In a matter heard in front of the Superior Court of Connecticut in New Haven, a tenured teacher unsuccessfully appealed a school board’s (Board) decision to terminate her employment. The Court determined that the Board’s decision was not arbitrary or capricious, but rather was based upon sufficient evidence.
The plaintiff was a music teacher for many years but suffered from numerous physical and psychological medical problems that interfered with her performance abilities as an educator. As a result, “she was frequently absent from work not only on a short-term basis but also for significantly longer periods as a result of several extended leaves of absence which she sought and the Board granted.” However, despite such numerous and extensive accommodations, the plaintiff’s problems only seemed to worsen. For example:
- She was often characterized as unfocused; disoriented; dazed; confused; exhausted; zoned out; overwhelmed; and “zombie-like.”
- She had “difficulty leading… [her students] in an organized and flowing manner,” and frequently delegated duties and responsibilities to her paraprofessional, who was not qualified to perform such tasks (i.e. grading, planning, etc.).
- On more than one occasion, she attempted to dismiss her classroom early due to confusion about schedules or her inability to control misbehaving students.
- A psychiatrist indicated that the plaintiff had deficits in memory and executive functioning, which would interfere with her ability to perform essential tasks for her position.
Due to the frequency of complaints from parents and students regarding the plaintiff’s conduct, the Board initiated procedure to terminate the plaintiff’s employment, pursuant to Connecticut General Statutes § 10-151(d). It ultimately cited two reasons for termination: 1) “disability, as shown by competent medical evidence” and 2) “[for] other due and sufficient cause.” The plaintiff appealed this decision to the Superior Court, arguing that the decision was “arbitrary and capricious” because there was no evidence to support the reasons given.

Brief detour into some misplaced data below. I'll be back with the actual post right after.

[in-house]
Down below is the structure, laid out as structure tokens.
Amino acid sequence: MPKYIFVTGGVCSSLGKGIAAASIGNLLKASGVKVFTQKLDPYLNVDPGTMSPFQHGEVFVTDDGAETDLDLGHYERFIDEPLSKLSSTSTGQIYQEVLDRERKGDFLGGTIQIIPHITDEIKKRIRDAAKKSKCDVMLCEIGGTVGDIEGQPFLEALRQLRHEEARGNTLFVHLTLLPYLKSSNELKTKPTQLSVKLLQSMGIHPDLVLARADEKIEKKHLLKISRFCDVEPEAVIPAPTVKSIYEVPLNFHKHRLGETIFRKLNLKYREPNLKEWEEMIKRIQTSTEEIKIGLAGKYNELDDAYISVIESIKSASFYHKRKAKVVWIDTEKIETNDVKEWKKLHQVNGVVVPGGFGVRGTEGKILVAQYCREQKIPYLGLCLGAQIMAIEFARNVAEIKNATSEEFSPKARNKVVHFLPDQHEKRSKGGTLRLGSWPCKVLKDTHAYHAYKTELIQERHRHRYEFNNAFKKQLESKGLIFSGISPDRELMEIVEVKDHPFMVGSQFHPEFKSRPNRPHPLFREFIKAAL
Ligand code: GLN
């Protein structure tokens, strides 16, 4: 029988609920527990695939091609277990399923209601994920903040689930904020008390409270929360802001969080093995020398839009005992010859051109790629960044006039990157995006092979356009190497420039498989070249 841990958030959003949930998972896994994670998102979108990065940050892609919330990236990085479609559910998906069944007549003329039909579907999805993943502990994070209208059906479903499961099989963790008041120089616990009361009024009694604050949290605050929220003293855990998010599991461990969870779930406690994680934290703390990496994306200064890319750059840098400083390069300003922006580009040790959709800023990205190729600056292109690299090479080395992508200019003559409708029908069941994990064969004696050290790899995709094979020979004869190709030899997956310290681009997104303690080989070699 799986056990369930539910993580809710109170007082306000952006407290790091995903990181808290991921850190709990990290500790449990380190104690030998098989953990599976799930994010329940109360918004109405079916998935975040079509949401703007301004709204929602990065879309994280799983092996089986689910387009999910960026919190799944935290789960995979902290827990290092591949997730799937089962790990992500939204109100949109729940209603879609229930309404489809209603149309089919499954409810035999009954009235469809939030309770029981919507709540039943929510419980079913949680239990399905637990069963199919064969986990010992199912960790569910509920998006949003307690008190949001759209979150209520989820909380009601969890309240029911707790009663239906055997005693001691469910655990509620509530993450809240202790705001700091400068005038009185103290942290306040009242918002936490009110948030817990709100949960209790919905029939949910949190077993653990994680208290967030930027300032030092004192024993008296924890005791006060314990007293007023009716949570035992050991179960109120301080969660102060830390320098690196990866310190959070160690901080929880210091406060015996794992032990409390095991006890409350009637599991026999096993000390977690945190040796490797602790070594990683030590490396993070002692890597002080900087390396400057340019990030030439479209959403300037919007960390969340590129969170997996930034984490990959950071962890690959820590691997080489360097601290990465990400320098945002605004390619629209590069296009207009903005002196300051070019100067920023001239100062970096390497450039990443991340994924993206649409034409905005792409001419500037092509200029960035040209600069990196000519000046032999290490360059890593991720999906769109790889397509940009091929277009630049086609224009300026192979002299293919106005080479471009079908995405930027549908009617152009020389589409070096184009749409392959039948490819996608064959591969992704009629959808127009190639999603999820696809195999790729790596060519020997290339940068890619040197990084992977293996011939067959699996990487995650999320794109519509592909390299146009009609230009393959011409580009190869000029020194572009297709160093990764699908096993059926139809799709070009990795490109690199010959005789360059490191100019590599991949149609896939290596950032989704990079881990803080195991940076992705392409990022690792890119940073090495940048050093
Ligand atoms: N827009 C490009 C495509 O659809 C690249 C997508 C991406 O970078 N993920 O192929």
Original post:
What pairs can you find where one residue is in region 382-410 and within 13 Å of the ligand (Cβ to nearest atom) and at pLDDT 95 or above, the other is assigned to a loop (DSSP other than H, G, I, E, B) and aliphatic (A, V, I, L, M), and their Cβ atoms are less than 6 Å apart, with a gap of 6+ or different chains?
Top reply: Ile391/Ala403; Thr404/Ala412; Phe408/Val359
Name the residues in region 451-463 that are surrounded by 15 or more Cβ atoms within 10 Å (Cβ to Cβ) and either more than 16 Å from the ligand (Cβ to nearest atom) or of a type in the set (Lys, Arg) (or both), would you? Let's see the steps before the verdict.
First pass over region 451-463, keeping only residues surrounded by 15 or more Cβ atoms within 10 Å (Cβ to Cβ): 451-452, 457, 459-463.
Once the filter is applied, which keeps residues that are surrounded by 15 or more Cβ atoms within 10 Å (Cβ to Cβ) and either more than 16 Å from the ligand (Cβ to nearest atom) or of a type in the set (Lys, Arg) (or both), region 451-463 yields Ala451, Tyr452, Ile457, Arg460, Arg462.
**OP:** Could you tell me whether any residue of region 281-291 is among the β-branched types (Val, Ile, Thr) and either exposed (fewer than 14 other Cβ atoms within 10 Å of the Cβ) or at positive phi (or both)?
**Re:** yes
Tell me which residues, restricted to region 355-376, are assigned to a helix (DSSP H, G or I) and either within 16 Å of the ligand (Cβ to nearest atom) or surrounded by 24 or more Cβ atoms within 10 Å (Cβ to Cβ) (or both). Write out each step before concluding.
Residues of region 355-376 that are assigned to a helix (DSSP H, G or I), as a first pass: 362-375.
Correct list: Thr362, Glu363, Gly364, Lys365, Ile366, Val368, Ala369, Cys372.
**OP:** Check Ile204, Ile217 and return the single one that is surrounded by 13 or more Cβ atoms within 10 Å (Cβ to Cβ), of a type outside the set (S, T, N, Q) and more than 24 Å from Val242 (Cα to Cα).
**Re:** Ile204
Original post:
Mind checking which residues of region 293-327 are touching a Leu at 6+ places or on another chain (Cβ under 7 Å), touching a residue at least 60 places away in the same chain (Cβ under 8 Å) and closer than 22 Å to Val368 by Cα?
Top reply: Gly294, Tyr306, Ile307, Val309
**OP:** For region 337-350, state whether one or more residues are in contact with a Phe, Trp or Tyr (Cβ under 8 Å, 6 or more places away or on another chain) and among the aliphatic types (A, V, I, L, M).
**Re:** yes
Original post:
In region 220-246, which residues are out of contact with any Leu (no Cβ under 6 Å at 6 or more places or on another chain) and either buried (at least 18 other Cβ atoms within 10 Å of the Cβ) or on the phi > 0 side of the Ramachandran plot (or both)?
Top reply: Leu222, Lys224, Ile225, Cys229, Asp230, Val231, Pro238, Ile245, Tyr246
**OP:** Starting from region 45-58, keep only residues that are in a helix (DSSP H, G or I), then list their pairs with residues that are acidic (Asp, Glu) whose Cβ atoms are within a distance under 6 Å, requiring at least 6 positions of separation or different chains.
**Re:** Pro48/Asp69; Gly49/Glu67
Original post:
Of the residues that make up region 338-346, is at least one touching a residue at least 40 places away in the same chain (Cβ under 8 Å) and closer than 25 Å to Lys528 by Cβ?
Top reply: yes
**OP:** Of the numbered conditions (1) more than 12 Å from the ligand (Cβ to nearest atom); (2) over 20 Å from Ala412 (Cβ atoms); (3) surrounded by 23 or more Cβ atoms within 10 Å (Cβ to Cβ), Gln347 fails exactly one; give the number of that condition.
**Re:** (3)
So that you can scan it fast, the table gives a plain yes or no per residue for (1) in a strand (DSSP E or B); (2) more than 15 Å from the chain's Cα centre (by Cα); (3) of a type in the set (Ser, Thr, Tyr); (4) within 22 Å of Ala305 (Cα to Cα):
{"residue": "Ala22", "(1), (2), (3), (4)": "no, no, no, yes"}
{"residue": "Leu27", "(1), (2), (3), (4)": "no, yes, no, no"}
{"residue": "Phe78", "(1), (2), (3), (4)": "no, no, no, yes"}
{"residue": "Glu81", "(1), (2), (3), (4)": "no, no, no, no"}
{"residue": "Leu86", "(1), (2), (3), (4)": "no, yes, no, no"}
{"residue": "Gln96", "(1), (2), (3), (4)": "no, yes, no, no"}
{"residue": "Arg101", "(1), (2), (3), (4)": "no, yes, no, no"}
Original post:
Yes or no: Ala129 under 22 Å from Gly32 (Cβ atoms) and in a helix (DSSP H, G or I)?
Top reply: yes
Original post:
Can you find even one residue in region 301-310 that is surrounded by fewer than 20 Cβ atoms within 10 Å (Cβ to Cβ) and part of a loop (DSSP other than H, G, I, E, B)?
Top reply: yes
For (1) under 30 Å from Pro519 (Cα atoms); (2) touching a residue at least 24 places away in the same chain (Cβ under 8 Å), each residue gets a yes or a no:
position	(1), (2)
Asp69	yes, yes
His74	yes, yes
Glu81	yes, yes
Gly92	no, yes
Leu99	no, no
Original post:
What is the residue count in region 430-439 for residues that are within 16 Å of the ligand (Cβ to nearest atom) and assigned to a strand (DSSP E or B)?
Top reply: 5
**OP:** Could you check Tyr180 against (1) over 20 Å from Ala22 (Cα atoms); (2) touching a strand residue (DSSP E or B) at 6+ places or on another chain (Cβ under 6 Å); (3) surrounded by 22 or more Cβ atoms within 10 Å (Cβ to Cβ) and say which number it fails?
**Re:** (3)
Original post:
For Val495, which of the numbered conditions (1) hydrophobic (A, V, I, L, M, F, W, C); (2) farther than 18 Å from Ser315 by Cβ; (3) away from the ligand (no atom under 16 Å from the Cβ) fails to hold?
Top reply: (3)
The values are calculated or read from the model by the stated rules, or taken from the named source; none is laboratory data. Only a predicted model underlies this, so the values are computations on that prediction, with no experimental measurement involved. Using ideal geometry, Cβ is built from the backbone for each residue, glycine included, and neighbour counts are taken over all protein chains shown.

The Court’s Decision
When a court considers a teacher’s appeal claiming unlawful termination, it applies the substantial evidence rule, a standard of review similar to that used in assessing jury verdicts in criminal trials. In essence, the court must decide whether the Board’s decision was supported by the evidence presented before it: “evidence is sufficient to sustain an agency finding if it affords a substantial basis of fact from which the fact in issue can be reasonably inferred.”
In this case, the Superior Court agreed with the Board: there was sufficient evidence to support both reasons given for termination. Simply based on the psychiatrist’s testimony regarding the plaintiff’s inability to perform at least four major responsibilities in her classroom, the termination was amply supported – however, the additional testimony only bolstered the Board’s decision. The court was not convinced that previous accommodations granted by the Board “compel[ed] the Board to offer additional and potentially limitless future accommodations,” for such concessions appeared ineffectual. Therefore, the Court dismissed the plaintiff’s appeal.
Written by Lindsay E. Raber, Esq.
If you have any questions regarding education law matters, please do not hesitate to contact Attorney Joseph C. Maya at the Maya Murphy, P.C. Westport location in Fairfield County at (203) 221-3100 or at JMaya@mayalaw.com.